PILGRIM: You know, let me just read a passage from your book. It's one of the real issues that you have. And mostly you take issue with the power that these foundations have. And here's the quote: "It is their amazing clout that is cause for concern, and the anti-freedom and even anti-American agenda many pursue should make patriotic Americans angry." Why do you call it anti-American?
KENT: Well, you know, it's gone beyond even liberal charitable giving, which is fine. I'm talking about big foundations like the Ford Foundation, when they give to radical Islamic charities. You know, it's pretty sad when back in 2004, the American Civil Liberties Union, of all people, rejected some Ford and Rockefeller grants because of fear of terror links.
PILGRIM: Phil, you know, I have to tell you, the last time you were on the program, you took issue with the Ford Foundation. They did respond. So I would like to read what they have said, and then we'll get your response to that. The Ford Foundation -- this was the Ford Foundation who wrote to us in 2007: "The Ford Foundation would never support groups or organizations involved in violence or terrorism and there is no evidence to the contrary. The work of our grantees in the midst of conflict is aimed at building greater respect for democratic values, human rights and peace." That seems to be the sort of Ford Foundation that we all assume is functioning.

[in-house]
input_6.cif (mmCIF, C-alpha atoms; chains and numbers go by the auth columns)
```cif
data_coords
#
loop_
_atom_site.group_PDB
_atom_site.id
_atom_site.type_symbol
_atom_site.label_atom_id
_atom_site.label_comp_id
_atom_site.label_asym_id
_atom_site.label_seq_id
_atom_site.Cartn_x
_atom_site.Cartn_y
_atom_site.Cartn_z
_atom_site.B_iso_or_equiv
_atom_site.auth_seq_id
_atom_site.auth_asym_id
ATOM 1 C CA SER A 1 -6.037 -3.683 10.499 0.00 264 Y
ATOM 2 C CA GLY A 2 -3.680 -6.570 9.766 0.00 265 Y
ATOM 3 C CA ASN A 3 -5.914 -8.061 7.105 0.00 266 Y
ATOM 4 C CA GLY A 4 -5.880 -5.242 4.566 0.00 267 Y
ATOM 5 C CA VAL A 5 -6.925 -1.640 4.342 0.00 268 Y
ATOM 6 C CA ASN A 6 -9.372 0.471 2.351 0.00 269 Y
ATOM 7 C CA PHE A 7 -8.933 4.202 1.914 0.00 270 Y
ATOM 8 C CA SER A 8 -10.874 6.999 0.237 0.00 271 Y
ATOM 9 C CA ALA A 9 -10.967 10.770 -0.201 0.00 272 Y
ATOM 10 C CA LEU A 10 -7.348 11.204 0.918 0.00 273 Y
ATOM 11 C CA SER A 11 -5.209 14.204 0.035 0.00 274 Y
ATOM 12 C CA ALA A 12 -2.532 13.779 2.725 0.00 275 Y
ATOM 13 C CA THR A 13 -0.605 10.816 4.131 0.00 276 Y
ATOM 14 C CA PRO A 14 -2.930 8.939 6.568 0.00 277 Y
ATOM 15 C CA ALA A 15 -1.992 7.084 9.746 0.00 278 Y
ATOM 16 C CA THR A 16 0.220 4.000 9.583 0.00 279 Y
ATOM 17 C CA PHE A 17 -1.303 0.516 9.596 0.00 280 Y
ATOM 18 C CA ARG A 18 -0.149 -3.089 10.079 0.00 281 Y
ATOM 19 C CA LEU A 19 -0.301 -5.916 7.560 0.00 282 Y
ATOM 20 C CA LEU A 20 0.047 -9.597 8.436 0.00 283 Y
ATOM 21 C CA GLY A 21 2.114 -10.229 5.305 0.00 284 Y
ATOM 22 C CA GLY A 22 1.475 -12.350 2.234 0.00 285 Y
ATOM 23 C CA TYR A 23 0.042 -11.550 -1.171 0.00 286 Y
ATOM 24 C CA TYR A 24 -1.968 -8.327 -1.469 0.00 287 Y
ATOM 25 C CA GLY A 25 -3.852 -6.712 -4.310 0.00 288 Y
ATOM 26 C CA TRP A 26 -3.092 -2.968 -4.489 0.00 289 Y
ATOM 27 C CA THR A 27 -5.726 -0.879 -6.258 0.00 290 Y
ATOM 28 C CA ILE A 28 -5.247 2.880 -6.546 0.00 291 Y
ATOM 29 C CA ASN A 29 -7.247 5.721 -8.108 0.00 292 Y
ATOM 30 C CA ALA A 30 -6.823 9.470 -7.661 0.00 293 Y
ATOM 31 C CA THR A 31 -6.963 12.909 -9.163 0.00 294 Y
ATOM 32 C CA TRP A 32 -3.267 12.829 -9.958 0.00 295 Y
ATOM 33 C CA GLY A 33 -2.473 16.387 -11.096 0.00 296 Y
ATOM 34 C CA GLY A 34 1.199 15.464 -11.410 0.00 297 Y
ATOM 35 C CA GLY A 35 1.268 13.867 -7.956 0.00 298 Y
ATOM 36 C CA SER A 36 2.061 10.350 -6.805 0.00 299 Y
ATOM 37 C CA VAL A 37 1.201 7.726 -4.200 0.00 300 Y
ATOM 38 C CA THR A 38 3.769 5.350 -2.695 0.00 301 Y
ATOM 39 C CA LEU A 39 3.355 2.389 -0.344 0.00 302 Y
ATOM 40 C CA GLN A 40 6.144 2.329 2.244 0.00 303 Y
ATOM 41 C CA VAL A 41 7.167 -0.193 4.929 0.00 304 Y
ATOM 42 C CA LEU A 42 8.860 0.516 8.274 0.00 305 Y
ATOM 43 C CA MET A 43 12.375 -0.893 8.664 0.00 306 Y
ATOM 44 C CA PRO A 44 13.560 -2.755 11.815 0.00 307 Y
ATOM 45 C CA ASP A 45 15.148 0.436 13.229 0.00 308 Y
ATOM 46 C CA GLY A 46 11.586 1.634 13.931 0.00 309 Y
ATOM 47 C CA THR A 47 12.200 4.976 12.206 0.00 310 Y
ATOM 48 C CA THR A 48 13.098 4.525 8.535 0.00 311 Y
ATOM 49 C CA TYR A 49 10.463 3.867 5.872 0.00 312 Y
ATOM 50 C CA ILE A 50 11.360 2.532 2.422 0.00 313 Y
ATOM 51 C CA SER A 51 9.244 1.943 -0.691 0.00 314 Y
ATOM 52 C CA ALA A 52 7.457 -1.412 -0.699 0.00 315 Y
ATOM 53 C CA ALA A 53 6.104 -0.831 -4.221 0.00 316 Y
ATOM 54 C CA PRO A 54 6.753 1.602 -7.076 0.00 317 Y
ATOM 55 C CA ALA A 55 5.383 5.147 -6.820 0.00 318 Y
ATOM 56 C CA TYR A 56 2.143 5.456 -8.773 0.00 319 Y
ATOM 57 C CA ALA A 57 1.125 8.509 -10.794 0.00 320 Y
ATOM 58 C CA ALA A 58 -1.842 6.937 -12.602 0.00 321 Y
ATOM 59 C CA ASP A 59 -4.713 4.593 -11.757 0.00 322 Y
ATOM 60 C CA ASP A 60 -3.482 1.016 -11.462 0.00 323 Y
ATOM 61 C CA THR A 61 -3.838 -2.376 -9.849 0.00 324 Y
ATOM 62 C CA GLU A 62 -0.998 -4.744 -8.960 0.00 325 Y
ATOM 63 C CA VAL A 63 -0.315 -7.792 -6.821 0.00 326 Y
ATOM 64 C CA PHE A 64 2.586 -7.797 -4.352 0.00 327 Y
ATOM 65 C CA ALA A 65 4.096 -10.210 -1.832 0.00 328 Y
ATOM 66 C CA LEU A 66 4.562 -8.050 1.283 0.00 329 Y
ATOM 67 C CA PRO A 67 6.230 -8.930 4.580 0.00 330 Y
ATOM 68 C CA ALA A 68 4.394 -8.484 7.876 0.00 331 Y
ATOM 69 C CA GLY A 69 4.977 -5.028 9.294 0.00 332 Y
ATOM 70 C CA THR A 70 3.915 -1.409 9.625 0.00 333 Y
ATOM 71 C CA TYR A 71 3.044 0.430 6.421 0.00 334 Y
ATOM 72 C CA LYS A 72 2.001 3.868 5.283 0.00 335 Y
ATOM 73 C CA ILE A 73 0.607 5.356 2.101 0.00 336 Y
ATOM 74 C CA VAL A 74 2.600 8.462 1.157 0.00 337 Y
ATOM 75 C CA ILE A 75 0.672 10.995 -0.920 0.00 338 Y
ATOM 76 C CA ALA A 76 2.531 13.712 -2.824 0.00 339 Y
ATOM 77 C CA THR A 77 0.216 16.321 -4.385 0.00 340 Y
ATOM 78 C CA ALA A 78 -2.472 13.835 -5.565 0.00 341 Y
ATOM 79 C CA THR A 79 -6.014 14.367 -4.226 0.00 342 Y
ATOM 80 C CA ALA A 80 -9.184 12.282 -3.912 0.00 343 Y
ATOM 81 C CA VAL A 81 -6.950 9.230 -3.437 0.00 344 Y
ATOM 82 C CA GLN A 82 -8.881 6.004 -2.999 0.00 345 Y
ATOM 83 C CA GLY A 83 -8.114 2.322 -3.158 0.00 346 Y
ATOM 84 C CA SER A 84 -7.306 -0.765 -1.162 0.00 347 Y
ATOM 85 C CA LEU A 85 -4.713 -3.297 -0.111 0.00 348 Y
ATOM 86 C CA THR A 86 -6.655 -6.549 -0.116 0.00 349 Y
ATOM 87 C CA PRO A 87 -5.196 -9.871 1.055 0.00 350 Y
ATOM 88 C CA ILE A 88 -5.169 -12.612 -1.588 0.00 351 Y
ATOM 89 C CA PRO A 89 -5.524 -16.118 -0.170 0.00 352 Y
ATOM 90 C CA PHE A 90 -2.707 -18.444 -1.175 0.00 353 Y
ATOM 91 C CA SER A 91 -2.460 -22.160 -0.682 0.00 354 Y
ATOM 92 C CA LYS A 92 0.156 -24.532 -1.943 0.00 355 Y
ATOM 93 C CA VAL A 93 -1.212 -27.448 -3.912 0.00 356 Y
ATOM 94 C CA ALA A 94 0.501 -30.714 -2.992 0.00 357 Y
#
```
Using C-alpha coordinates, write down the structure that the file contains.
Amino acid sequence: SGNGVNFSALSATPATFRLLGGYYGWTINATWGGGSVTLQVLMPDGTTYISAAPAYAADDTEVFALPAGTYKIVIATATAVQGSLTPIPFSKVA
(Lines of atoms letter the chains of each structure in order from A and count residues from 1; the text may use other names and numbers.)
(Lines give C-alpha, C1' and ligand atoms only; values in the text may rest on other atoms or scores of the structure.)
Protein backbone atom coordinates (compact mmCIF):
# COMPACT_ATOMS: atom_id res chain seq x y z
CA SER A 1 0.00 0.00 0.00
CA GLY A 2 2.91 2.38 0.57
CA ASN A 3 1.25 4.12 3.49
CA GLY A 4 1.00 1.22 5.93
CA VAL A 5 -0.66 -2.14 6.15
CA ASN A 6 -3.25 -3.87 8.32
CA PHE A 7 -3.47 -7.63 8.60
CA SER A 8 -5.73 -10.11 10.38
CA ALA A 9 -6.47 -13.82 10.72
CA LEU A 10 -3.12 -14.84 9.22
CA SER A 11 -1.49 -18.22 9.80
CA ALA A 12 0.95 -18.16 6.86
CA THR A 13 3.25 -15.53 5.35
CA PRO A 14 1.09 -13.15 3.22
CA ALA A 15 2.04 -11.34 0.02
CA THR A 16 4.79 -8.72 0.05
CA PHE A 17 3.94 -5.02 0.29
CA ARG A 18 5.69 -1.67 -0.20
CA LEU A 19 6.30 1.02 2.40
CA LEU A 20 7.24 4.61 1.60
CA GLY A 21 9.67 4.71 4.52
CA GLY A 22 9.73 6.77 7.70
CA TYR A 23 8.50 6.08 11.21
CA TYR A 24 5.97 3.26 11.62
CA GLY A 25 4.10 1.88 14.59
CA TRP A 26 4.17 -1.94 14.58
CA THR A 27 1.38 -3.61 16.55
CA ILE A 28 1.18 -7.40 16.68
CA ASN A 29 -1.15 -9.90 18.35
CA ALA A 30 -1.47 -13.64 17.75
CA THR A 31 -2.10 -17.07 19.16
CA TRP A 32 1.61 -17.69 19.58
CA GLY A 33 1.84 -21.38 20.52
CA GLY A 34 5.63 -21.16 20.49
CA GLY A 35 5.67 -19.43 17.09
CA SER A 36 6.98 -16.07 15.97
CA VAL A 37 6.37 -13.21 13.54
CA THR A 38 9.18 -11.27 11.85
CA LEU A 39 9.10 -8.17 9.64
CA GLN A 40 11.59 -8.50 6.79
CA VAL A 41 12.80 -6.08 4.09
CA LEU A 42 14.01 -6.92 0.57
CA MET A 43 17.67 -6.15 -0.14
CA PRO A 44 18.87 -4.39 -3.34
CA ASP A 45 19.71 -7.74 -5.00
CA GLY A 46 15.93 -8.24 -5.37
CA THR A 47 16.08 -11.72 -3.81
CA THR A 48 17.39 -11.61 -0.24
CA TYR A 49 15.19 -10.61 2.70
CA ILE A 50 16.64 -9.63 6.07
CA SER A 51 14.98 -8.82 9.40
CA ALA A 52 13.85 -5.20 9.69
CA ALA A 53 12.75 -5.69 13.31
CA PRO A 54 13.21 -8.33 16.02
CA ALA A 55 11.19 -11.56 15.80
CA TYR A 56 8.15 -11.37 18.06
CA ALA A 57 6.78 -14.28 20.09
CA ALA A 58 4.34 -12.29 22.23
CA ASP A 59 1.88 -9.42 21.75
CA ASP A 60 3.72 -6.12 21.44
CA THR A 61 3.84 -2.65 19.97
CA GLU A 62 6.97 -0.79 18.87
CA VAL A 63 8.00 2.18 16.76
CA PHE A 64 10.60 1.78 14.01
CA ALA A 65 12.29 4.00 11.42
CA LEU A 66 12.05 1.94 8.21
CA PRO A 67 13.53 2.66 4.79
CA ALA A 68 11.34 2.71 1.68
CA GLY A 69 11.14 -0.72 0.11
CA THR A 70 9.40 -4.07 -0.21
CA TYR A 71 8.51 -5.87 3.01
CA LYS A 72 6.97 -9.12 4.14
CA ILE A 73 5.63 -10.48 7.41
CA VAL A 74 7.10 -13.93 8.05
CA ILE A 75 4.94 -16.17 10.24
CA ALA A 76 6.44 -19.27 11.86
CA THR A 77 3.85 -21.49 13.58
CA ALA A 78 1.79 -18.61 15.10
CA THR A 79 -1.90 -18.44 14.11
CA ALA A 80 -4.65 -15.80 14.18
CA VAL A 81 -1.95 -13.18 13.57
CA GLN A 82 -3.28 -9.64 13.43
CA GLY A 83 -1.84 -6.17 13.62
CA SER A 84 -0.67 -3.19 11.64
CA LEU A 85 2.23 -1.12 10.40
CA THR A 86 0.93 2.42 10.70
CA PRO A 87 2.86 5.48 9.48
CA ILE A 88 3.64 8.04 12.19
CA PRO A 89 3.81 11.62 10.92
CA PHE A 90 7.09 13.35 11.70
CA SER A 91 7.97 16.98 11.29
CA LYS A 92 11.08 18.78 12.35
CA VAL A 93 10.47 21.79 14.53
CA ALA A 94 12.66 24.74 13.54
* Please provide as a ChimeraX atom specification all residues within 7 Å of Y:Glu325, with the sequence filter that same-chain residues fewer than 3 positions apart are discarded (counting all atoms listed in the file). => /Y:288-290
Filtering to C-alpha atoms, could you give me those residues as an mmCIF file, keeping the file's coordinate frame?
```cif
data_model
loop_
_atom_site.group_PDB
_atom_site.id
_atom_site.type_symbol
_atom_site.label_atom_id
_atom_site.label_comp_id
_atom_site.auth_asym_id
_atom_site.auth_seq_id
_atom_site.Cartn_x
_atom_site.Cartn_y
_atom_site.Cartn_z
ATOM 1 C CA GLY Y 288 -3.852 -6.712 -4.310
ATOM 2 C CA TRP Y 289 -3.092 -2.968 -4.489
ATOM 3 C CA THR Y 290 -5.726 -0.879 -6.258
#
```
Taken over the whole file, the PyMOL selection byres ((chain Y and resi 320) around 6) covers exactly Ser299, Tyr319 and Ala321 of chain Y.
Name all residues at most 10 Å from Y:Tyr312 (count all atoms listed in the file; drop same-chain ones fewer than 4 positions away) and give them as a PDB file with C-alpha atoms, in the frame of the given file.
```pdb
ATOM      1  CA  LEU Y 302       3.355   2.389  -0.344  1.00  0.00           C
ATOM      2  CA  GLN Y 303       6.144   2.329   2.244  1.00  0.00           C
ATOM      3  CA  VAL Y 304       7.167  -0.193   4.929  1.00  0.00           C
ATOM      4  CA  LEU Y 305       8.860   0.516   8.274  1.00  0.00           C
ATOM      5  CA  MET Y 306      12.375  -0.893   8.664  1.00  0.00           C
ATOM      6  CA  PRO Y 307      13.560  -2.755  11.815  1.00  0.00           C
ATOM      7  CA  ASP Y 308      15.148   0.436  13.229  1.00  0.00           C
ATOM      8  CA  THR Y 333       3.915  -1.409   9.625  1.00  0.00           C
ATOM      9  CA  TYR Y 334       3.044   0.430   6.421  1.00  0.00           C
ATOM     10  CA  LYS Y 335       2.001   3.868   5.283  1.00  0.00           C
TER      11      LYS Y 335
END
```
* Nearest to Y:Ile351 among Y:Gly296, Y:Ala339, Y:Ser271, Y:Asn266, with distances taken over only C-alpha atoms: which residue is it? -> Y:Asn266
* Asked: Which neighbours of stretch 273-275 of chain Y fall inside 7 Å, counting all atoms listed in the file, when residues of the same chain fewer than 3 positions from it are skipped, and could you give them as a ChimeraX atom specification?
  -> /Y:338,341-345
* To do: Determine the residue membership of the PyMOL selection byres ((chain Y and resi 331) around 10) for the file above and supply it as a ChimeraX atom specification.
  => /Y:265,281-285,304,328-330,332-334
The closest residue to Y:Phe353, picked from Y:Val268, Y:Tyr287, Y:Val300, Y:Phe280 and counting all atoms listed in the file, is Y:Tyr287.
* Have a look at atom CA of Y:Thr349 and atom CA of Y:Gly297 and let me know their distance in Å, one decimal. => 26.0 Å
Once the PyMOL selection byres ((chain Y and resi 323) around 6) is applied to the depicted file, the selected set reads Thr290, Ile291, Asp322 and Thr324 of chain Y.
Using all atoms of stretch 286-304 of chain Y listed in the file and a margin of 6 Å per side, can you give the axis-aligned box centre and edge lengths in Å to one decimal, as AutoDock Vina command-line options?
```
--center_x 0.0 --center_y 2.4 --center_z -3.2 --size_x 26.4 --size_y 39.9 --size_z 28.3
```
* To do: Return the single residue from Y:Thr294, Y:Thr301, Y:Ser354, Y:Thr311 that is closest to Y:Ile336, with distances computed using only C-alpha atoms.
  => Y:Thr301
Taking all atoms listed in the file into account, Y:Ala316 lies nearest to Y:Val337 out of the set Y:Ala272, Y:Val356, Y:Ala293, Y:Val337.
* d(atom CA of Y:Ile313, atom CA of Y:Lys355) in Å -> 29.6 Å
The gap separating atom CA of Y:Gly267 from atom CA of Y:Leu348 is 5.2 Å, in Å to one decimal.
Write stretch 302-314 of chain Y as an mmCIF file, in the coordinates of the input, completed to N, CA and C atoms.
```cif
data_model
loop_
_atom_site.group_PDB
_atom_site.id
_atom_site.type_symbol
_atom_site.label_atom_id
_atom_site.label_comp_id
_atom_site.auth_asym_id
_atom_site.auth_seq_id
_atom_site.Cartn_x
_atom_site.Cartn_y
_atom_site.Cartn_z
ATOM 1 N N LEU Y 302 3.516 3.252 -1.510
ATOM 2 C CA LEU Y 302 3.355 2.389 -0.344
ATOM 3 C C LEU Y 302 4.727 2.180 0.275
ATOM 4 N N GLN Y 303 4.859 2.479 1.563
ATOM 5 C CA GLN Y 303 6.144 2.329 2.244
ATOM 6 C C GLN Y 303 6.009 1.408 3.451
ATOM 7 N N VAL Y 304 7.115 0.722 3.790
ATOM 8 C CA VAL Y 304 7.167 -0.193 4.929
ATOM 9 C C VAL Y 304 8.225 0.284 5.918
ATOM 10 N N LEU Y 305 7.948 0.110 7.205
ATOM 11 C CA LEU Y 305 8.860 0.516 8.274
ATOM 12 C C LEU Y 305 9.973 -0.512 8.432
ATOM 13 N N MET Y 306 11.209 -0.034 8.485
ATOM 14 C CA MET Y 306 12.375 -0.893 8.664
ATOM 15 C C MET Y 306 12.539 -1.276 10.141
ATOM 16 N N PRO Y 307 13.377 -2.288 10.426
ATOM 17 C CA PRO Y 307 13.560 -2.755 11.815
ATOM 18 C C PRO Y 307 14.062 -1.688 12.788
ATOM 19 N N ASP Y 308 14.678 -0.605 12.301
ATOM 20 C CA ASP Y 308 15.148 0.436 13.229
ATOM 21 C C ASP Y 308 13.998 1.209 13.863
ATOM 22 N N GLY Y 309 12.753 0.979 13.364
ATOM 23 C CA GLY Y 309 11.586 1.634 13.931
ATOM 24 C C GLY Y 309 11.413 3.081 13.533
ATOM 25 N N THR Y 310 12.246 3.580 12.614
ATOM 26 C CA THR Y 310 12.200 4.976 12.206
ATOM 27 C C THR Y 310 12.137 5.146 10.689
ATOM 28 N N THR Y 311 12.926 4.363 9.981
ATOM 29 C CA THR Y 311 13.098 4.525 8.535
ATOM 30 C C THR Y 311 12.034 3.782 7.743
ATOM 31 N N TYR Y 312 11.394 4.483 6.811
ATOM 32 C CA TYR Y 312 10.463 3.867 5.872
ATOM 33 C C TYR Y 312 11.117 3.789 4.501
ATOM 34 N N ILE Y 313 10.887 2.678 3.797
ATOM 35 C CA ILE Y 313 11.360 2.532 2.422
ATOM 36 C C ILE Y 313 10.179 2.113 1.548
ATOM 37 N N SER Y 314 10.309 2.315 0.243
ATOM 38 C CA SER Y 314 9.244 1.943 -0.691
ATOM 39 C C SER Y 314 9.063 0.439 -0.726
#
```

KENT: Well, you know, it was the Ford Foundation of many years ago that's morphed. Now, yes, they've done some wonderful work with some of their wonderful grants. But, let's talk about the Al Mazen Center, that was funded from 2001 to 2003, which provided support to Palestinian suicide bombers.
Let's talk about the admission they made to Congressman Jerrold Nadler that maybe we shouldn't have funded that 2001 United Nations so-called Committee -- conference on racism, which George Will and others called a U.N. orgy of hate against the U.S. and Israel. So Ford has never apologized. They funded that conference. They'll probably be funding another one. They never addressed that in their statement, which I consider is a badge of honor. I'm glad they attacked me and the book.
PILGRIM: All right. Well, they clearly have. Conservatives have their own foundations. You don't seem to take issue with conservative foundations.